Syria: Fighting for the Status Quo

Syria: Fighting for the Status Quo

When talking about peace in the Middle East, the first parties that come to mind are Israelis and Palestinians. Lately, however, Syria has broken into the headlines, with conflicting news about peace and war. The talk, which alternates between ominous and promising, reflects the script of a very public performance with a very specific intended audience and a very clear desired outcome. In this case, the talk of peace and warnings of war is aimed at neither peace nor war. Its purpose is to solidify the status quo, at least for now.

A couple of weeks ago, many believed war was near when large numbers of Israeli and Syrian troops were mobilized. Israel was conducting large-scale military exercises, and Syria deployed several divisions at the Syria-Lebanese border. On Thursday, the United States revealed pictures and analysis of a Syrian facility destroyed by Israel last September, arguing that with North Korea's help, Syria was building a structure to make nuclear weapons -- something Syria emphatically denies. At almost the exact time that Washington was talking about Syria's possible nuclear plans, the Syrian president told the world that he has been engaged in indirect peace negotiations with Israel and has already received an offer from Israel to withdraw from the Golan Heights in exchange for peace.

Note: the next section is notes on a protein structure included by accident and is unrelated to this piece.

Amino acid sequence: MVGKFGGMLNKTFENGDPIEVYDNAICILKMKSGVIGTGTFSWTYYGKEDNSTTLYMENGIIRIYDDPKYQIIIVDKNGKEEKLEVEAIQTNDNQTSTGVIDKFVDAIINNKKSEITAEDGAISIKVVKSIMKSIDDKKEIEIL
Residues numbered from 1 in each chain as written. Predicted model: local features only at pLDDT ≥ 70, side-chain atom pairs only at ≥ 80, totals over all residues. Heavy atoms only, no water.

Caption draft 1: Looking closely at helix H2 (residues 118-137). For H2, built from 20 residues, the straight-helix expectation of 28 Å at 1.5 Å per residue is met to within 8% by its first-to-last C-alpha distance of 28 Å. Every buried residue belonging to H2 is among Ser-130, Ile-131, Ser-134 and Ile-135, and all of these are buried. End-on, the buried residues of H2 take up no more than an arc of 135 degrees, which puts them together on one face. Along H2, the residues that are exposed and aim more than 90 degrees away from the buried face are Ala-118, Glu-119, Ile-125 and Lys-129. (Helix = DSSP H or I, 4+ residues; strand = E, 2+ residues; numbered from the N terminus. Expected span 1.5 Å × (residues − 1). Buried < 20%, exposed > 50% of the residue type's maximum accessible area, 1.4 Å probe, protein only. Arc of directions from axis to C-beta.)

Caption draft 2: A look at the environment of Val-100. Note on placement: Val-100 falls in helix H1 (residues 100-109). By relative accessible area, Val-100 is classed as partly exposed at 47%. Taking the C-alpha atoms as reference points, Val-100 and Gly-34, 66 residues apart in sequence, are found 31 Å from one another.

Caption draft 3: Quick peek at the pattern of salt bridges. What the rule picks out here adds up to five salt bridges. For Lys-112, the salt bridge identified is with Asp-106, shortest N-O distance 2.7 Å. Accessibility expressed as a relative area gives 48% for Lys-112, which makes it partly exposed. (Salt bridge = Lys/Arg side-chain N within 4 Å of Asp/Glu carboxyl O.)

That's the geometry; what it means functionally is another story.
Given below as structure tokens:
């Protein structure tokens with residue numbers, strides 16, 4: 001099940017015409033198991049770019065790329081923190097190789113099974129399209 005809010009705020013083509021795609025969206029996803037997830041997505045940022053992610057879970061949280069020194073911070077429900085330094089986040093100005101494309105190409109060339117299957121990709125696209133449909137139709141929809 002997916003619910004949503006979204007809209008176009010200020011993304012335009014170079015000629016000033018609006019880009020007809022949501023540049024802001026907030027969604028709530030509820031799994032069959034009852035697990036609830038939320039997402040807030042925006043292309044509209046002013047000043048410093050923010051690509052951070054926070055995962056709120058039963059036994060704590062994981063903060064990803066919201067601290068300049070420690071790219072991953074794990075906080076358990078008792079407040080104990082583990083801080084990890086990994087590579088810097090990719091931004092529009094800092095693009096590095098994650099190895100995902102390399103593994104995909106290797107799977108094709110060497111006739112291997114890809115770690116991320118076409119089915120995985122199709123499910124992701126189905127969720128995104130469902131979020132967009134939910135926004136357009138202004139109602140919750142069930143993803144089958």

Revealing information that has remained secret is always part of a larger strategy. The revelation by the White House of photographic evidence from within the destroyed Syrian plant was likely part of a plan that has less to do with Israel than North Korea and even domestic U.S. politics.

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